Jesus lived a life of mercy.  He spent His time surrounded by those less fortunate; he suffered with the suffering, the addicted, the homeless and the prostitutes.  With whom do we surround ourselves?  What judgmental attitudes block our ability to extend mercy?  God’s desire is to be seen through us.  The Holy Spirit desires to penetrate that which hinders us from being God’s light to a suffering world.  

Have we become an indifferent people?  Are we now a people who lack concern for others?  If we have suffered, we should be the first to show compassion and mercy upon those that are suffering.  For we know that God pulled us up out of our pits when God showed mercy on us.  We should never condemn others.  Yet if someone stumbles, we are not to accept their sin as good, but we are to lend a helping hand and offer them God’s forgiveness.  Even Jesus said to the adulterous woman, who was condemned by the Pharisee’s, “Where are they?  Has no one condemned you?”  When she indicated that nobody had, Jesus then mercifully said, “Then neither do I condemn you.  Go now, and leave your life of sin.”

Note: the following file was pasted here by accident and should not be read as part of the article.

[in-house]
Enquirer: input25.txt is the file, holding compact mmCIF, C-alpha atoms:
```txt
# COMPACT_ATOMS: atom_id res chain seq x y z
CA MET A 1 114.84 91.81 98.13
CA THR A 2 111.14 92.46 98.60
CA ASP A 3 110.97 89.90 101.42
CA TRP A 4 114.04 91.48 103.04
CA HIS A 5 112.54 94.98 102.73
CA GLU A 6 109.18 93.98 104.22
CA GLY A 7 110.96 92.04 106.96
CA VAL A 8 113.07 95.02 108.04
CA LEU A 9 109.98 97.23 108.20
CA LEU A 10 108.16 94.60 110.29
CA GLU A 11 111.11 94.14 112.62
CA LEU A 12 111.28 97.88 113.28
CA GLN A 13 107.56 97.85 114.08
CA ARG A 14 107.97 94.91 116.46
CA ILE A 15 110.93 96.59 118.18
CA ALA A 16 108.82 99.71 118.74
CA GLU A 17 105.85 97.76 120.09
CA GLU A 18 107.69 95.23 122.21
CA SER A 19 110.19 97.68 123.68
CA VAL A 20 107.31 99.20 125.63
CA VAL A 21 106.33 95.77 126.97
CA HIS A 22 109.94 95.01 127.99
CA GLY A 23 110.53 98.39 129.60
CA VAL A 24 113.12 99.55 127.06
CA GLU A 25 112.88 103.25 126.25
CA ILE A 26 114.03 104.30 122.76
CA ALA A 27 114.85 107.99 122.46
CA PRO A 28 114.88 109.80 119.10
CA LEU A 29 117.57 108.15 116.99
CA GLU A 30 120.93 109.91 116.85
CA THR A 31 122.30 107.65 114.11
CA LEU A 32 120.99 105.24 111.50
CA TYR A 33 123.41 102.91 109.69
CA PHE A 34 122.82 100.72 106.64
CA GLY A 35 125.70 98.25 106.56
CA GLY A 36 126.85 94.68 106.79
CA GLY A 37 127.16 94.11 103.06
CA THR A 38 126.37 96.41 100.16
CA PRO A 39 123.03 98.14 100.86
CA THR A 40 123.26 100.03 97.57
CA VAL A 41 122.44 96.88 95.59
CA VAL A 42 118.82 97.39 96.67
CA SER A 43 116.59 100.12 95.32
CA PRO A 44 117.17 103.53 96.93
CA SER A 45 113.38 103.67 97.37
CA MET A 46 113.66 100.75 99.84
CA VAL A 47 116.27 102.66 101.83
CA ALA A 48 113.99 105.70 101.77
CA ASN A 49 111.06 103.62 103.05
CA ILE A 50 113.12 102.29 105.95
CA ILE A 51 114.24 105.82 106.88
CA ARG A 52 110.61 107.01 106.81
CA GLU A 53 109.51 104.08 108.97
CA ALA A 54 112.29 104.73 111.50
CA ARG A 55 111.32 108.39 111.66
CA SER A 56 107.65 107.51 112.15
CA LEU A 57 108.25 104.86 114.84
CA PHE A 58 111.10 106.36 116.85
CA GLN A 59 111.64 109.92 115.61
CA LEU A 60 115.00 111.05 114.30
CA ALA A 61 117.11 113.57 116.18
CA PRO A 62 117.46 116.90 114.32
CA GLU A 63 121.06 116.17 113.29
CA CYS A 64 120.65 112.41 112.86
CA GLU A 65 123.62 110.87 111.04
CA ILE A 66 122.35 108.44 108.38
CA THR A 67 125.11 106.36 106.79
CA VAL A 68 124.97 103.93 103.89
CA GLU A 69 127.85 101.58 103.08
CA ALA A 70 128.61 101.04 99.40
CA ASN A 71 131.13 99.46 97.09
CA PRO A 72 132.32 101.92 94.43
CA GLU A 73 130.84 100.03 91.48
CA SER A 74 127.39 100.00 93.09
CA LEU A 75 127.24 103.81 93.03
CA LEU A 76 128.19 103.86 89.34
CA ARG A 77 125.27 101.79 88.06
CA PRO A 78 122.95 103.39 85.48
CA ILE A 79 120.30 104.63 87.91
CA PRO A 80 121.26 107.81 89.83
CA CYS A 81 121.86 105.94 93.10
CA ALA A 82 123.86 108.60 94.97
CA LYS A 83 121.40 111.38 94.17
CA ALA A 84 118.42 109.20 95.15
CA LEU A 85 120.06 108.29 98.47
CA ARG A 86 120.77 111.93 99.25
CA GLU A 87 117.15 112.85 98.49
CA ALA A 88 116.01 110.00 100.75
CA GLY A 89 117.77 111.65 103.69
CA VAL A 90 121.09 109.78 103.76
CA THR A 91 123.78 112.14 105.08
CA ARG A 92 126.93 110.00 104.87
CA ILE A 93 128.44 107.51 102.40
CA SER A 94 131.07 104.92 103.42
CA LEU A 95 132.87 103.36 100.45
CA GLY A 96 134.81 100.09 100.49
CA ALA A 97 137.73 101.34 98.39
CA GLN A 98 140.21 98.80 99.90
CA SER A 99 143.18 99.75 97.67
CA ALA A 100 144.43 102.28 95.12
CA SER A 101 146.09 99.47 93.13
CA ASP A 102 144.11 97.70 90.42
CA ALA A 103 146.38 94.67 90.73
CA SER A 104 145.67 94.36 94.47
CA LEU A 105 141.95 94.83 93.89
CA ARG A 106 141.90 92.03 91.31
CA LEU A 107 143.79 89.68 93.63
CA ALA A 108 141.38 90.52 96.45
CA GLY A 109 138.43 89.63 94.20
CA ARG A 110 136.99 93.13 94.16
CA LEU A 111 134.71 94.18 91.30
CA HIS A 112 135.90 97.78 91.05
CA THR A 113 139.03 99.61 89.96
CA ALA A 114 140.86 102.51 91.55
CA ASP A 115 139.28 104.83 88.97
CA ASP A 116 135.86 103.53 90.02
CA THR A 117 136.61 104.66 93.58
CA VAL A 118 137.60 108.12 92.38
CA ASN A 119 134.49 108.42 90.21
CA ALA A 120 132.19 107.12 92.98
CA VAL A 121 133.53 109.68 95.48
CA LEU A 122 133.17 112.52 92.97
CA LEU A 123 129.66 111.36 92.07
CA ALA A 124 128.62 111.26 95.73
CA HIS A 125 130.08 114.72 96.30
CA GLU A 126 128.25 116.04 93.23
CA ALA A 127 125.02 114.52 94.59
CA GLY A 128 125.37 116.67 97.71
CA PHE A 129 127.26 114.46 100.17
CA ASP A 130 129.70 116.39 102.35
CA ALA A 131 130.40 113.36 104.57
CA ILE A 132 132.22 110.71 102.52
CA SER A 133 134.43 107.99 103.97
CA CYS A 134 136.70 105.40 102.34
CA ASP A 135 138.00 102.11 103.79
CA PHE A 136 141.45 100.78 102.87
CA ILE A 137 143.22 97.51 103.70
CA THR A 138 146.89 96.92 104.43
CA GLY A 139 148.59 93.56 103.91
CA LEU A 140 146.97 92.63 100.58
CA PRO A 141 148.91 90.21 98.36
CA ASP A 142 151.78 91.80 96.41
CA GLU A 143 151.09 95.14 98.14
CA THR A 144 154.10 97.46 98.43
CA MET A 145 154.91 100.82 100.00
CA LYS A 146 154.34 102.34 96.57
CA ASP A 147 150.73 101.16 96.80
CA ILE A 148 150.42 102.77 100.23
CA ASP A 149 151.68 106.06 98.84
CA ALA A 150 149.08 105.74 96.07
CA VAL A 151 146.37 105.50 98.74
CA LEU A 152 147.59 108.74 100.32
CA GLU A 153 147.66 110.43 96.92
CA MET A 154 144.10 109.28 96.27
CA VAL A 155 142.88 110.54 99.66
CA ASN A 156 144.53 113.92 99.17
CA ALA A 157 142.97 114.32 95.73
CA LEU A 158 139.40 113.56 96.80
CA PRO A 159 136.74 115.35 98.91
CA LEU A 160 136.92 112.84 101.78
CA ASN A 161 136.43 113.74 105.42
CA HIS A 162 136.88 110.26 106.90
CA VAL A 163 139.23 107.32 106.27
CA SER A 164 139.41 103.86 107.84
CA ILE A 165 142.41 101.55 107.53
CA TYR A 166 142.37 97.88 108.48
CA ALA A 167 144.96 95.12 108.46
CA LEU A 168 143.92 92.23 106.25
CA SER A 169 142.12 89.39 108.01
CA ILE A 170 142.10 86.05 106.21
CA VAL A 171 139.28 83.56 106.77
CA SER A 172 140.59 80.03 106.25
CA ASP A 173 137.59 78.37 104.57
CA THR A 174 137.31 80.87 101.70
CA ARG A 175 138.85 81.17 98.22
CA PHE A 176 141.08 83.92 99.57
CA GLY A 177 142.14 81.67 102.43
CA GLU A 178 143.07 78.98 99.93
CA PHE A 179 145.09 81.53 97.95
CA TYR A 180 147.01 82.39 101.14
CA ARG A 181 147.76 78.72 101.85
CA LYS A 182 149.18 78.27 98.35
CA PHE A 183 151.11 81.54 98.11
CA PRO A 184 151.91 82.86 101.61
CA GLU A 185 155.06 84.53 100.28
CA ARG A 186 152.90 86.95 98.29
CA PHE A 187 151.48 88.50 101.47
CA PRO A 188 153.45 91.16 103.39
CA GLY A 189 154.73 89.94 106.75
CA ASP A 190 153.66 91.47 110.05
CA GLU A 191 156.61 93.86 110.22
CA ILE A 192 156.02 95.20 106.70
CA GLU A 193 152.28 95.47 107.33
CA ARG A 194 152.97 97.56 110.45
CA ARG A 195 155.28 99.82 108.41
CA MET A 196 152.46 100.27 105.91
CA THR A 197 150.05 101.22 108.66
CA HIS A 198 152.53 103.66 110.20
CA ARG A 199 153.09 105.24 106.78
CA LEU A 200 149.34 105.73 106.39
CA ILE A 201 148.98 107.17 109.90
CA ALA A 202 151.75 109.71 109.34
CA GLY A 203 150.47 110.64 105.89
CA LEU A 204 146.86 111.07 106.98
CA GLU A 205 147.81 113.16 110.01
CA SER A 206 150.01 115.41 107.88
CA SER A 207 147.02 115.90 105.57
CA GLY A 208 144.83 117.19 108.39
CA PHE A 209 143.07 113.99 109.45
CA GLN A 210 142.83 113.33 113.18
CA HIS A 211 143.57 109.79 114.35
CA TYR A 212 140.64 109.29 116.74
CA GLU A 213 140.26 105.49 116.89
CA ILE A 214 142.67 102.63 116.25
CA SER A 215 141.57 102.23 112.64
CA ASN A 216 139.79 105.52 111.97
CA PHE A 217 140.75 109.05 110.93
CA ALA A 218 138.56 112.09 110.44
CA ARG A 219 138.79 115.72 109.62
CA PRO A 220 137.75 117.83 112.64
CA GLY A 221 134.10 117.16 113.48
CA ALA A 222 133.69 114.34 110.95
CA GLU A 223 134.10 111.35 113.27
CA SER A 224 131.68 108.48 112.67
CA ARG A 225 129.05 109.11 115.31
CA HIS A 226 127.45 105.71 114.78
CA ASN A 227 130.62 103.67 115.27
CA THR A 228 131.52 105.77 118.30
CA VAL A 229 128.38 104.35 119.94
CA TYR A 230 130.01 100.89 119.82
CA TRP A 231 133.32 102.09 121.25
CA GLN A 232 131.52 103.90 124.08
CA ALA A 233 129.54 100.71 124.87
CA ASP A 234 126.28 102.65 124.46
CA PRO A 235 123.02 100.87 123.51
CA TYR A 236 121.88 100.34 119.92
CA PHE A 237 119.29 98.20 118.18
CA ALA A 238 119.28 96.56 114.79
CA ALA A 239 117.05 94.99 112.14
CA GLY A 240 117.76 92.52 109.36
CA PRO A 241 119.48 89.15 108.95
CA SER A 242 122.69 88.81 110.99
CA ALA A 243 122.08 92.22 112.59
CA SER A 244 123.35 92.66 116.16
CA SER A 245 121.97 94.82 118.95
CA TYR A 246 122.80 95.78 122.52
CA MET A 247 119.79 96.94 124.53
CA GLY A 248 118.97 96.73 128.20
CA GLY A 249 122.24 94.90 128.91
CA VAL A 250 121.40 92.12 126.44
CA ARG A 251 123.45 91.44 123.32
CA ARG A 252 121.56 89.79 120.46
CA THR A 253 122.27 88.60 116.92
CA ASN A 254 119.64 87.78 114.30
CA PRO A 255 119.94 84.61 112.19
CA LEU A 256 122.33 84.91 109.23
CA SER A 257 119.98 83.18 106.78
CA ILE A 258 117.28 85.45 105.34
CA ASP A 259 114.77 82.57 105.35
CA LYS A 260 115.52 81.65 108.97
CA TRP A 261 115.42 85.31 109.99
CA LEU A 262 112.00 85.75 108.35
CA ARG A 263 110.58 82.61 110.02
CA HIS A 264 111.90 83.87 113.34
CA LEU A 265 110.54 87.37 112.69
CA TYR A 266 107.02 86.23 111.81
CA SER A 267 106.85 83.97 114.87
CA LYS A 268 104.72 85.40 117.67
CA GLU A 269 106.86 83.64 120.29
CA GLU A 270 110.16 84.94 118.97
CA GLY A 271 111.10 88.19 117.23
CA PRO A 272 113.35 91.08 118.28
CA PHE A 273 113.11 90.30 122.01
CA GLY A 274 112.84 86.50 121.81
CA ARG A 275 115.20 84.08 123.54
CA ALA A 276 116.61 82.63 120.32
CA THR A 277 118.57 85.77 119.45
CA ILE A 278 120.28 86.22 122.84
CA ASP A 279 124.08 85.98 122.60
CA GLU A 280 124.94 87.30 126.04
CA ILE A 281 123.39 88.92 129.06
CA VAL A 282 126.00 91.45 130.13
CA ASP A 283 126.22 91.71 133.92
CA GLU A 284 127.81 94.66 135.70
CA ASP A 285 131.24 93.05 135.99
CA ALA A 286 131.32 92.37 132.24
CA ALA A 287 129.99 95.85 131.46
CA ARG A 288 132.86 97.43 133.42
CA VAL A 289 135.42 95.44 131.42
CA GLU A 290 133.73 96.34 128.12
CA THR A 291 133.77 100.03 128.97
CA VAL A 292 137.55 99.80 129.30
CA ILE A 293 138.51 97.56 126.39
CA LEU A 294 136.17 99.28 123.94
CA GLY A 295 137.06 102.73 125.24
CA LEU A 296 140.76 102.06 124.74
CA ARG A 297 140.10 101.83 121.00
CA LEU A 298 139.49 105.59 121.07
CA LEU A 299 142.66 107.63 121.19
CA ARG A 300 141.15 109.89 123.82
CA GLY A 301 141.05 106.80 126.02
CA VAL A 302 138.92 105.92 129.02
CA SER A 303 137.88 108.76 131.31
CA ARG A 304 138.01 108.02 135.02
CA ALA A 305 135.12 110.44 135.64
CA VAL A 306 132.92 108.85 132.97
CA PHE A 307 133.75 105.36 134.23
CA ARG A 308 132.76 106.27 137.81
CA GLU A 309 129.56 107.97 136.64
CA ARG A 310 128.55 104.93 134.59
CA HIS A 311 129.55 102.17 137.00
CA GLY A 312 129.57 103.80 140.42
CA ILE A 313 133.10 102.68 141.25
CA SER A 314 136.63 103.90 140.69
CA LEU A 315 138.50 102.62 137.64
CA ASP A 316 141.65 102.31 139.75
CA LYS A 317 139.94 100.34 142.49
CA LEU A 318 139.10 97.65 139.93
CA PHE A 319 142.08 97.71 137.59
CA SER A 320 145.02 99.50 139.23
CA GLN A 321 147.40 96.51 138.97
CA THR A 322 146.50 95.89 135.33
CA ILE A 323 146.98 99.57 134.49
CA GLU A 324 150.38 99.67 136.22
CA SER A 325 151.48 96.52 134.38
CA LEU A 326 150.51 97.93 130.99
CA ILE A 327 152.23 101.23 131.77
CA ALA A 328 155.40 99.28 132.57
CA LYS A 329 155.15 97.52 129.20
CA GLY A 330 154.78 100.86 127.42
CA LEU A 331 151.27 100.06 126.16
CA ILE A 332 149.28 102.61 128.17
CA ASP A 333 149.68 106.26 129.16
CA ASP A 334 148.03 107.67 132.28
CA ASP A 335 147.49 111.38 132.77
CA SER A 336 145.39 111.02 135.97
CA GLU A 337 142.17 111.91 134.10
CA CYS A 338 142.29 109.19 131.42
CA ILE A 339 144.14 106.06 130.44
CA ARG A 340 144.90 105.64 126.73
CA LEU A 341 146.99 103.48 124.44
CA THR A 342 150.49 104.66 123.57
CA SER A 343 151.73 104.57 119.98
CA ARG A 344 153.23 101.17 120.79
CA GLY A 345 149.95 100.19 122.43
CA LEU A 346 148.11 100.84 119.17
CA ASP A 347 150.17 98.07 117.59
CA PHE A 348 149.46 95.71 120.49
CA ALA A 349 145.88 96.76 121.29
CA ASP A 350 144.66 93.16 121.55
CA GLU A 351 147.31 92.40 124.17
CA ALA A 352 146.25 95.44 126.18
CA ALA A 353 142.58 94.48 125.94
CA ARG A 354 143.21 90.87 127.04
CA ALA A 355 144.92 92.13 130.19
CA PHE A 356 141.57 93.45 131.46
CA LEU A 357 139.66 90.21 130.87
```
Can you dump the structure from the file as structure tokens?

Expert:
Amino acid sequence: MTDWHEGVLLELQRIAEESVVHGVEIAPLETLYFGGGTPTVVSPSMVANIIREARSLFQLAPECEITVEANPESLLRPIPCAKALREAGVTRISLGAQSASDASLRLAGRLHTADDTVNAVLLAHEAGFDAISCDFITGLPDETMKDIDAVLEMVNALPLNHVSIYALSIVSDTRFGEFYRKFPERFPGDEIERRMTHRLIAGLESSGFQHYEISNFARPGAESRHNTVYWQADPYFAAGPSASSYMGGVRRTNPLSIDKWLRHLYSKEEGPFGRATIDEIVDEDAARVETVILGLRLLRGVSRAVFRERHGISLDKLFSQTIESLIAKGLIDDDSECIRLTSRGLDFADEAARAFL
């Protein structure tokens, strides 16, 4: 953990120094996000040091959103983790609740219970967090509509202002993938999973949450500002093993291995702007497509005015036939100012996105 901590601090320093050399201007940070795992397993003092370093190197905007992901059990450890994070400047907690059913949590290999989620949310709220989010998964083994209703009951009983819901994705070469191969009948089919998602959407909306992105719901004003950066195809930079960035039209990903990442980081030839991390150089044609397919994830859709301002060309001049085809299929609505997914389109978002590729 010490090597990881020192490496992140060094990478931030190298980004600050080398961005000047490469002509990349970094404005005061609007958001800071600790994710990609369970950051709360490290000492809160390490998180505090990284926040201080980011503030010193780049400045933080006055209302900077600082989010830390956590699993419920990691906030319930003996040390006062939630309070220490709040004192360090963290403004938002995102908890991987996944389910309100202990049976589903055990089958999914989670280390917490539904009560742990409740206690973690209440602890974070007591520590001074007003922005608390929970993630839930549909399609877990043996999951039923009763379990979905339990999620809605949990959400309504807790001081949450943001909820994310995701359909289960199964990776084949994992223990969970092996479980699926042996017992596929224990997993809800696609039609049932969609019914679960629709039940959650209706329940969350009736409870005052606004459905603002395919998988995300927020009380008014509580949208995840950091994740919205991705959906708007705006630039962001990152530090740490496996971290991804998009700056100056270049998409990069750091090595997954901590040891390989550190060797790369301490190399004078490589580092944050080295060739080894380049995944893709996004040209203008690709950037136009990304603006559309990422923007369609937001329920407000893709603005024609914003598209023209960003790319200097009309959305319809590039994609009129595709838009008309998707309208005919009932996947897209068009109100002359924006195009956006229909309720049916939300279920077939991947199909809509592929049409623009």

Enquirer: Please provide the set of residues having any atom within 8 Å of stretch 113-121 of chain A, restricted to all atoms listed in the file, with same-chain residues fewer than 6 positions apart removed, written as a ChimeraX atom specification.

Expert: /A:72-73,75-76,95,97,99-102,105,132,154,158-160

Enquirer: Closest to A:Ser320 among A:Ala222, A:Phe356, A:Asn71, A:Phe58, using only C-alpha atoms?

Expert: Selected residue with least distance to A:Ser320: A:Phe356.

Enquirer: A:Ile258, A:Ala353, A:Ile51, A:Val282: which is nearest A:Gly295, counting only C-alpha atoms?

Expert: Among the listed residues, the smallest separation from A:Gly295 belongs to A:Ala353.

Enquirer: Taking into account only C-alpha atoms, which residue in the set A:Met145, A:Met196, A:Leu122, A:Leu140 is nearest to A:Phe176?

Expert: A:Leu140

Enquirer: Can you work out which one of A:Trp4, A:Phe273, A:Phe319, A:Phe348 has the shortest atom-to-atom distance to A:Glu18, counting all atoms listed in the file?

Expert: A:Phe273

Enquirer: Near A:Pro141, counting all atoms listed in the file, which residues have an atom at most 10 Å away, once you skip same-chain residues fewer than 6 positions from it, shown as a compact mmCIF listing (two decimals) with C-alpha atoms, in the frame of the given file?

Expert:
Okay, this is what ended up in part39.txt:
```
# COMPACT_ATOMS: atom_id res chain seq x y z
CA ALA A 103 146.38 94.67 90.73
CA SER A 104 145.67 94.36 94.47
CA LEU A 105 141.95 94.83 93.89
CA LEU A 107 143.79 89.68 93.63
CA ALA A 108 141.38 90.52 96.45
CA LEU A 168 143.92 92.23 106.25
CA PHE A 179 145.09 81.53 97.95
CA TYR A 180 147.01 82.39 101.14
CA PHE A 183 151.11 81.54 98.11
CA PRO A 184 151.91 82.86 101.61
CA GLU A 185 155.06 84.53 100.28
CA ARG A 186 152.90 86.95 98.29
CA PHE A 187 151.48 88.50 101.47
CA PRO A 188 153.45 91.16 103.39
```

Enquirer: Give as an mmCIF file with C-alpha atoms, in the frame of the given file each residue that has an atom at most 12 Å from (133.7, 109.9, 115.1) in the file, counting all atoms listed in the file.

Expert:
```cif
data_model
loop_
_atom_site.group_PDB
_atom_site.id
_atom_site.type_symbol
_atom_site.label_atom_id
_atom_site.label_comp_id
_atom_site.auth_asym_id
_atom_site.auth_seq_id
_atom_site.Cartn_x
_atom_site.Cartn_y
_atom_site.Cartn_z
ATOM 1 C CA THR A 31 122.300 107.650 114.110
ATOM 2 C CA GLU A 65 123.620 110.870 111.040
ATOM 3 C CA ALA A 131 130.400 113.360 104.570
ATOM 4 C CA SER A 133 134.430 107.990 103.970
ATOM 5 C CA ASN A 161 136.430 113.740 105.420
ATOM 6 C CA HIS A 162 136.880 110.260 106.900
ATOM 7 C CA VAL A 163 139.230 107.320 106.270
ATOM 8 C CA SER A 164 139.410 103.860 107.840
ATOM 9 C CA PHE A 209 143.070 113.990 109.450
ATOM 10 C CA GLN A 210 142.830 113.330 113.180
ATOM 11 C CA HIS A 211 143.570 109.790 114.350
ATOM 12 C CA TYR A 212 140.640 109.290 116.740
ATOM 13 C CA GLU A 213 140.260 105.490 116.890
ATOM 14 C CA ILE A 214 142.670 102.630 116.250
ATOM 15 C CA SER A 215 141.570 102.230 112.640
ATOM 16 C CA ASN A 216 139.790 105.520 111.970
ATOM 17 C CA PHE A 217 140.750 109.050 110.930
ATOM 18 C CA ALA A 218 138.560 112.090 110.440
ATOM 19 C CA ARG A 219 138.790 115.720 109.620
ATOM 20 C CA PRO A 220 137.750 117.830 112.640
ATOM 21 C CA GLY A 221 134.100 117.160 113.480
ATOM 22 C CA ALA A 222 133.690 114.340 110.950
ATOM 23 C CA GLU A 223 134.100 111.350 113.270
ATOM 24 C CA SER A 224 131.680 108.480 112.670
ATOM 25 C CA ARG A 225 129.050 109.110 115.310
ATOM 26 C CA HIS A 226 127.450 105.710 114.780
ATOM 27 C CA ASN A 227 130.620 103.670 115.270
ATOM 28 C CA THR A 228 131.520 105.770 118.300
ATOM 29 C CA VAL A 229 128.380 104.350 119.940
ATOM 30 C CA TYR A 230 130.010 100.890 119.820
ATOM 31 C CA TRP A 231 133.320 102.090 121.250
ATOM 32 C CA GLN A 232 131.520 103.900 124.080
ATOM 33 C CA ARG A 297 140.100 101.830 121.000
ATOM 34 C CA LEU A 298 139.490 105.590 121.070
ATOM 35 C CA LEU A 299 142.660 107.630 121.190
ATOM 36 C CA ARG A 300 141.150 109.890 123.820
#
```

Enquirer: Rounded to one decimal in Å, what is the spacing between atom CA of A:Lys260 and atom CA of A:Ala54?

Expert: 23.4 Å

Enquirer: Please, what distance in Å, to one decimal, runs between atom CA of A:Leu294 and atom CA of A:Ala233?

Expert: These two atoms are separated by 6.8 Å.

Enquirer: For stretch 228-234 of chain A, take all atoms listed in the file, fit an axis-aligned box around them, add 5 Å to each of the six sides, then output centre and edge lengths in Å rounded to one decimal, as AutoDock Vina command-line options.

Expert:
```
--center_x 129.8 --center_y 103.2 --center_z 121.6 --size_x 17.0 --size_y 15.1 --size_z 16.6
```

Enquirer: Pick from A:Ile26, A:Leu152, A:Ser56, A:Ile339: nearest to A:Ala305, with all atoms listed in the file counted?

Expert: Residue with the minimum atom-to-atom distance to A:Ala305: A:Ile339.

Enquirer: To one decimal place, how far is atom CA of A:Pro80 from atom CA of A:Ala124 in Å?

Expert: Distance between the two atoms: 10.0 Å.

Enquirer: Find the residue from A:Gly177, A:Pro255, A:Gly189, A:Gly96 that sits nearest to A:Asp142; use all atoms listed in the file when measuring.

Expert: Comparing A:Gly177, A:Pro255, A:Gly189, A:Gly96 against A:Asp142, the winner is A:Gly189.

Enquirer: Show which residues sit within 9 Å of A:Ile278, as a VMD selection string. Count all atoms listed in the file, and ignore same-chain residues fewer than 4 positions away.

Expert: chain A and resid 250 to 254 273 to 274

Suffering is not always for no reason.  Suffering allows us to become better Christians – having compassion for those who are suffering perhaps something we’ve suffered ourselves.  What have we suffered and how can we use that experience to help a fellow brother/sister through the trials or sins in which they find themselves?

For one of the greatest blessings of receiving mercy is to be merciful ourselves.

I Care…….

I don’t care; I couldn’t care less; I really don’t care; Ask me if I care; Do I look like I care?……….how very awful to say or worse yet, to hear this sentiment.

Truthfully, I am ashamed of myself, for I too have vocalized at least one of these very ugly statements.  I not only have said it to friends and family, but also to co-workers and worse yet, my very best friend – Earl, my husband.